Montana Code: 39-71-711 (1997). Section 39-71-711 defines permanent impairment under the Workers' Compensation Act and must be followed in determining whether a worker is a disabled worker within the meaning of rehabilitation provisions, § 39-71-1011 (2) (1997).
Montana Code: 39-71-1011(2) (1997). Section 39-71-711 defines permanent impairment under the Workers' Compensation Act and must be followed in determining whether a worker is a disabled worker within the meaning of rehabilitation provisions, § 39-71-1011 (2) (1997).

         ¶1 This matter is submitted upon depositions of Jackie Anderson, James Armstrong, Scott K. Ross, M.D., Jim Kimmell, Rhonda Shumway (two depositions -- Shumway Dep. I taken on April 14, 2000, and Shumway Dep. II taken on June 27, 2000), Dean Sukin, MD., the claimant, and in addition 25 exhibits.

         ¶2 Claimant was injured August 12, 1998, and his claim was accepted. At issue here is whether he is entitled to further benefits. The issues, as stated in the Pre-trial Order, are as follows:

A. Whether the Claimant is entitled to past temporary total disability benefits (from the date of termination) pursuant to section 39-71-701, M.C.A.
B. Whether the Claimant is entitled to rehabilitation benefits pursuant to section 39-71-1006, M.C.A.
C. In the alternative to issue B., above, whether the Claimant is entitled to permanent partial disability benefits pursuant to section 39-71-703, M.C.A.
D. Whether the Claimant is entitled to further medical benefits, including an operation to his right elbow, pursuant to section 39-71-704, M.C.A.
Issue E, requesting attorney fees and a penalty, has been withdrawn.

         ¶3 Having considered the Pre-trial Order, the briefs filed by the parties, the depositions, the exhibits, and the arguments of the parties, the Court makes the following:

         FINDINGS OF FACT

         Claimant

         ¶4 Claimant is 31 years of age. (Ex. 6 at 2.) He graduated from high school. He was a C student. (Beyl Dep. at 21.)

         ¶5 Claimant has worked as a delivery merchandiser/route salesman, sanitation worker, grocery stocker, warehouse delivery person and manager, cashier/checker at a Cenex station, ditch rider, and farmer. (Ex. 16 at 15.)

         Industrial Injury

         ¶6 Claimant was employed as a delivery person by M & C Beverage, Incorporated (M & C) in Miles City, Montana, from October 1996 to August 12, 1998. (Ex. 16 at 47.) His job entailed the delivery of cases and kegs of beer.

         ¶7 On August 12, 1998, while working for M & C, claimant was lifting a case of beer and felt a snap in his right elbow. (Ex. 14 at 1.) He was unable to continue working and never returned to his time-of-injury job.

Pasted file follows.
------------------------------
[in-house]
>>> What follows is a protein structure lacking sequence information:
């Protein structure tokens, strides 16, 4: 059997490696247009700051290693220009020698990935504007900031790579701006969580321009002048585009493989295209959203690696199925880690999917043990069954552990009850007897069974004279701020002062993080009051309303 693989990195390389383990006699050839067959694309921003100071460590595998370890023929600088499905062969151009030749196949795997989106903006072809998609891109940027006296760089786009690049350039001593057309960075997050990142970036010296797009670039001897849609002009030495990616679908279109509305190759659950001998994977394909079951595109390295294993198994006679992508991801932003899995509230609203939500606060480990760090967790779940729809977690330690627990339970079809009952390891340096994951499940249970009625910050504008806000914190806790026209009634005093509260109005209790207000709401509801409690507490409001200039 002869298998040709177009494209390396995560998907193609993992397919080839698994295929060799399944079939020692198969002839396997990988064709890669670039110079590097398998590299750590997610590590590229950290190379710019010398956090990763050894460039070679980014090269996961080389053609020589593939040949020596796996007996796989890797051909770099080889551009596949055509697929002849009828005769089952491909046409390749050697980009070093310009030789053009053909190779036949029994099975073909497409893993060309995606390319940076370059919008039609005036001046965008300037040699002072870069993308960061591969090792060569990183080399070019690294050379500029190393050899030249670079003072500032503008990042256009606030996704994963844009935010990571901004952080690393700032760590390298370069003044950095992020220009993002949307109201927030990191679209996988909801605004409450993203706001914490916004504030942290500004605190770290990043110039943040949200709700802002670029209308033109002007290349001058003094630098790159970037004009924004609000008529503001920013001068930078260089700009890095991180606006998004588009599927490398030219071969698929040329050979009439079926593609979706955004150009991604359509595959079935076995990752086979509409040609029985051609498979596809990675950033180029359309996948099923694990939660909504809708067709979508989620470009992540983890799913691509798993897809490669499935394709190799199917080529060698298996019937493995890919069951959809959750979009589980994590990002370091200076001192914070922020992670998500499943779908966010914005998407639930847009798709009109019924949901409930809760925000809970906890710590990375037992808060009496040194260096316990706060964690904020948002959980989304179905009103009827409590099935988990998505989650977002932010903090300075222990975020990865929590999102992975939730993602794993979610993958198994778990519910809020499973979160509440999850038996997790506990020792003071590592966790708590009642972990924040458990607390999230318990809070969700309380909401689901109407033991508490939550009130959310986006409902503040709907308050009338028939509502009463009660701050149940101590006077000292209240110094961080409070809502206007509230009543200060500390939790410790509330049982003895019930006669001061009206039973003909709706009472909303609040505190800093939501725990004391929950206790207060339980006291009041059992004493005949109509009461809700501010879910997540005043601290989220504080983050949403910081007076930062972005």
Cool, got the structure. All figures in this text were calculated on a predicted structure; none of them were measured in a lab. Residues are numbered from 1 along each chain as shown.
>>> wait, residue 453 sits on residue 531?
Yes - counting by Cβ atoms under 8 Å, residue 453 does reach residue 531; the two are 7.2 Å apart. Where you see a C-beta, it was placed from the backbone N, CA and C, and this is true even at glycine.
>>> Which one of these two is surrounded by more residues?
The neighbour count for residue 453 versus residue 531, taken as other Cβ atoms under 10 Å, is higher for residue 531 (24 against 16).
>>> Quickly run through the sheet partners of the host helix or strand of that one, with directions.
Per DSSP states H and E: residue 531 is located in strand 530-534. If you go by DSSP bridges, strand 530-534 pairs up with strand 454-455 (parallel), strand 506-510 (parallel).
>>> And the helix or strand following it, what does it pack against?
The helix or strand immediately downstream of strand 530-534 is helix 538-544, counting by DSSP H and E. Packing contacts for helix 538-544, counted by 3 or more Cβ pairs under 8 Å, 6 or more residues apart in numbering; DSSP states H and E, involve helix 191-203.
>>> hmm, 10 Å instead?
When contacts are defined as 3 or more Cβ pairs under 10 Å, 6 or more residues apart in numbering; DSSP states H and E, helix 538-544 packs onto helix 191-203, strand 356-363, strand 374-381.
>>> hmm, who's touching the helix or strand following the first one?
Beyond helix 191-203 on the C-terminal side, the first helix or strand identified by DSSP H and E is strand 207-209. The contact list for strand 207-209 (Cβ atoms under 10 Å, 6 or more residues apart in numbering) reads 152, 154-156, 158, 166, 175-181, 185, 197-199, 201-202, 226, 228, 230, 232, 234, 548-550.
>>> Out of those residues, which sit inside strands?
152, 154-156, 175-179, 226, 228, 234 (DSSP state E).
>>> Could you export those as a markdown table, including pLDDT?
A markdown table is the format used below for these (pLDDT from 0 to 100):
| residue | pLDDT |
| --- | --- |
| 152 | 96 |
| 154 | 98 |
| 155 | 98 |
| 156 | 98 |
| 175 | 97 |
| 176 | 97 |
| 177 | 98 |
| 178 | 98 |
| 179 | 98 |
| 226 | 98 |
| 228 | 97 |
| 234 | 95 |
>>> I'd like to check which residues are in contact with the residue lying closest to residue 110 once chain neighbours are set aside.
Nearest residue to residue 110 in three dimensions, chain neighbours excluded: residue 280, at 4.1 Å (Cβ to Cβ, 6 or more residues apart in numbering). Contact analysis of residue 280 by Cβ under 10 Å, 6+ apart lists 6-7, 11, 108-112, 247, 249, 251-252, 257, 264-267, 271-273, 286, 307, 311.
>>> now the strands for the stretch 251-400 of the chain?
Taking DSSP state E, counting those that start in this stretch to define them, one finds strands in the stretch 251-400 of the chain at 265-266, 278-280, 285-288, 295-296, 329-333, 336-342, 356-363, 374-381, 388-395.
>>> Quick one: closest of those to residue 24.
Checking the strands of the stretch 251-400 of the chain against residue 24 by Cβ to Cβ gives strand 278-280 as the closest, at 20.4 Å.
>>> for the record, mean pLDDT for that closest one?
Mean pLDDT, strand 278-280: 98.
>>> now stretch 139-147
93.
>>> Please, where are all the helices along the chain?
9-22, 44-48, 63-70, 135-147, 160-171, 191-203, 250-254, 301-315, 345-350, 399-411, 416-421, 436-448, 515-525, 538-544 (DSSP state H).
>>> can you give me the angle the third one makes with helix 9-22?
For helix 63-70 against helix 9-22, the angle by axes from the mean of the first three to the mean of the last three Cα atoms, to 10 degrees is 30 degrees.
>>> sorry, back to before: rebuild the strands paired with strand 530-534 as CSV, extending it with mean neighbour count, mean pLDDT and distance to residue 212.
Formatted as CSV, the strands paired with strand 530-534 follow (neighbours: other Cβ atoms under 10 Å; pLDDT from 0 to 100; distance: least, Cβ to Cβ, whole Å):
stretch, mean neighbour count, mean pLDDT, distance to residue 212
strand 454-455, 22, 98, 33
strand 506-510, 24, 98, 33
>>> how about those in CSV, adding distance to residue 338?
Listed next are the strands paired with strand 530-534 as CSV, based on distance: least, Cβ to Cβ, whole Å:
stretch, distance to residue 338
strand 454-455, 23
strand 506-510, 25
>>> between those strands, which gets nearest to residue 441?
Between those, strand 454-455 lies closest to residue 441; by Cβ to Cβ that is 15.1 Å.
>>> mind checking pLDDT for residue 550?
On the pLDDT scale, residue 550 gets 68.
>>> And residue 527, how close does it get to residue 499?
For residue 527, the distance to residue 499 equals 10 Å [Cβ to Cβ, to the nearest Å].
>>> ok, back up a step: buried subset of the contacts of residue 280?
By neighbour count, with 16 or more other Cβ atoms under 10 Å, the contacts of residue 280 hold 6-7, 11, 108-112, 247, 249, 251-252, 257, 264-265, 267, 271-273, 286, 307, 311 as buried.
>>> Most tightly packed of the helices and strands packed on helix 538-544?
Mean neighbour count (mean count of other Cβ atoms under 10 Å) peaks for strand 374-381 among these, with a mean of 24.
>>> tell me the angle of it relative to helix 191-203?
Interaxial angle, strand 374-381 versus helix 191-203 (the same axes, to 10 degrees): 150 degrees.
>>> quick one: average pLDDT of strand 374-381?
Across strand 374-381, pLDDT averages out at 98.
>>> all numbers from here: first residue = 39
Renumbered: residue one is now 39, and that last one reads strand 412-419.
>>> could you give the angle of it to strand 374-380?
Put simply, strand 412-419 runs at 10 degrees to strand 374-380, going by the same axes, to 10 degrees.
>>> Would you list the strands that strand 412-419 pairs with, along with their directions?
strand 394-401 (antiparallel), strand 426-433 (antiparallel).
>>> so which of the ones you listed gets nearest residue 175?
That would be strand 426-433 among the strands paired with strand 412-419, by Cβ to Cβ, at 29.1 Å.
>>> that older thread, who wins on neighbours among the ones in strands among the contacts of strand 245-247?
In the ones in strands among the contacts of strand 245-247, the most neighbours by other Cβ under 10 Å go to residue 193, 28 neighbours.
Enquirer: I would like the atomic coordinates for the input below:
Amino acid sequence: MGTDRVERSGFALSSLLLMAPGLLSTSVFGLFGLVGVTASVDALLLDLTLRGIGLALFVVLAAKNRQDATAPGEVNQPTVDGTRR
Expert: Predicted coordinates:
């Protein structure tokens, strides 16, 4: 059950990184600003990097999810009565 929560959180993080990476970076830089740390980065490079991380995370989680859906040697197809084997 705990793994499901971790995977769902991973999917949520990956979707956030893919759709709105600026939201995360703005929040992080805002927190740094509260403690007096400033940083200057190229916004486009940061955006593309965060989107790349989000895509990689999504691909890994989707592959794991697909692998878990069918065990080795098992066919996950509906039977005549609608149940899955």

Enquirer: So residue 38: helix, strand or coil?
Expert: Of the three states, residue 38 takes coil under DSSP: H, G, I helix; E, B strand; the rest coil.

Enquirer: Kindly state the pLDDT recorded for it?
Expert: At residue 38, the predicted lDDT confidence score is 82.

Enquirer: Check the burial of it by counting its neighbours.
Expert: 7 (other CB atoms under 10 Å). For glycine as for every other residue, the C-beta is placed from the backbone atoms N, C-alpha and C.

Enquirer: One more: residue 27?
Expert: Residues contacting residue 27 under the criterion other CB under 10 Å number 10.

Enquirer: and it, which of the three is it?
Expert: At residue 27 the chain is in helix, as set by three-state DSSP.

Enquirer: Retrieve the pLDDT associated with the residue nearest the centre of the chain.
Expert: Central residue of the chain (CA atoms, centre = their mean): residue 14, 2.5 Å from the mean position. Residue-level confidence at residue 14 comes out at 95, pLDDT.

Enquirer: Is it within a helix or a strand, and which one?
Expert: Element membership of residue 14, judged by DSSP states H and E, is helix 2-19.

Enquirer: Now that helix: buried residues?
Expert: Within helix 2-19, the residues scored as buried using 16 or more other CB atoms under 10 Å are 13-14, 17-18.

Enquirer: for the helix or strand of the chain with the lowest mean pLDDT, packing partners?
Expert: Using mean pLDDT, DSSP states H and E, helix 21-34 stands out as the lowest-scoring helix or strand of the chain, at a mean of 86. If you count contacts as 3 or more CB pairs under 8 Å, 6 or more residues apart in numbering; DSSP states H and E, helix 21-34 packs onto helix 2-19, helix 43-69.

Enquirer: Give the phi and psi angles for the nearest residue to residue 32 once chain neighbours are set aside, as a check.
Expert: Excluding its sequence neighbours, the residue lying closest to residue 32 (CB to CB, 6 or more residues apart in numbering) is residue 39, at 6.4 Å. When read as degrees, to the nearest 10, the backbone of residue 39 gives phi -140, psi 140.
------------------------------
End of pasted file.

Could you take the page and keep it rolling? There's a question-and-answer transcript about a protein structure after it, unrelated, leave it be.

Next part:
Claim for Compensation and Acceptance

         ¶8 At the time of the injury, M & C was insured by Liberty Northwest Insurance Corporation (Liberty). Liberty accepted liability for the injury.

         Medical Treatment

         ¶9 On the same day as his injury, claimant was treated in the emergency room of the Holy Rosary Health Center in Miles City. He was diagnosed with cellulitis[1] of the right elbow and forearm and given antibiotics. (Ex. 16 at 52.)

         ¶10 The following day -- August 13, 1998 -- claimant was examined by Dr. J.R. Grierson, a general surgeon practicing in Miles City. Claimant still had swelling in his right elbow and was complaining of an inability to grip objects, as well as tingling in his fingers. (Id. at 58 and Ex. 5 at 1.) Dr. Grierson reported:

On examination there is a slight erythema measuring approximately 5 x 10 cm. around the lateral humeral epicondyle. There is point tenderness over the lateral humeral epicondyle. Feel this is a marked lateral epicondylitis with perhaps even a tear of the insertion of the supinators. Advised ice, tennis elbow band, sling, no work, Cataflam and recheck again in five days time.

(Ex. 16 at 59.)¶11 Claimant returned to Dr. Grierson for further evaluation on August 18, 1998. At that time he still had "considerable tenderness," but the redness and swelling were gone. (Id.) X-rays were taken but were normal. (Id.) This same date, Dr. Grierson provided a note for claimant to be off work until August 24, 1998. (Ex. 5 at 2.)

         ¶12 On August 25, 1998, claimant was seen by Dr. Daniel C. Brooke, an orthopedic surgeon. Dr. Brooke noted that claimant was "exquisitely tender over the lateral epicondylar ridge, over the insertion of the extensor wad" and "mildly tender over the elbow joint proper laterally." (Ex. 16 at 59.) He described the situation as "unusual" and suggested an MRI, as well as testing to rule out gout. (Id.)

         ¶13 An MRI was done on August 26, 1998, and read by Dr. Mark N. Irion, a radiologist. Dr. Irion noted a small bony irregularity off of the proximal aspect of the olecranon process, which he said "may be due to a remote injury." (Id. at 54.) He noted "[n]o other significant abnormality." (Id.)

         ¶14 Following the MRI, Dr. Brooke diagnosed traumatic lateral epicondylitis. (Ex. 1 at 8.) "Epicondylitis" is "inflammation of an epicondyle or of adjacent tissues." Merriam-Webster Medical Dictionary (1997), online at www.medscape.com. The "epicondyle" is "any of several prominences on the distal part of a long bone serving for the attachment of muscles and ligaments: a: one on the outer aspect of the distal part of the humerus or proximal to the lateral condyle of the femur -- called also lateral epicondyleb: a larger and more prominent one on the inner aspect of the distal part of the humerus or proximal to the medial condyle of the femur -- called also medial epicondyle." (Id.) ...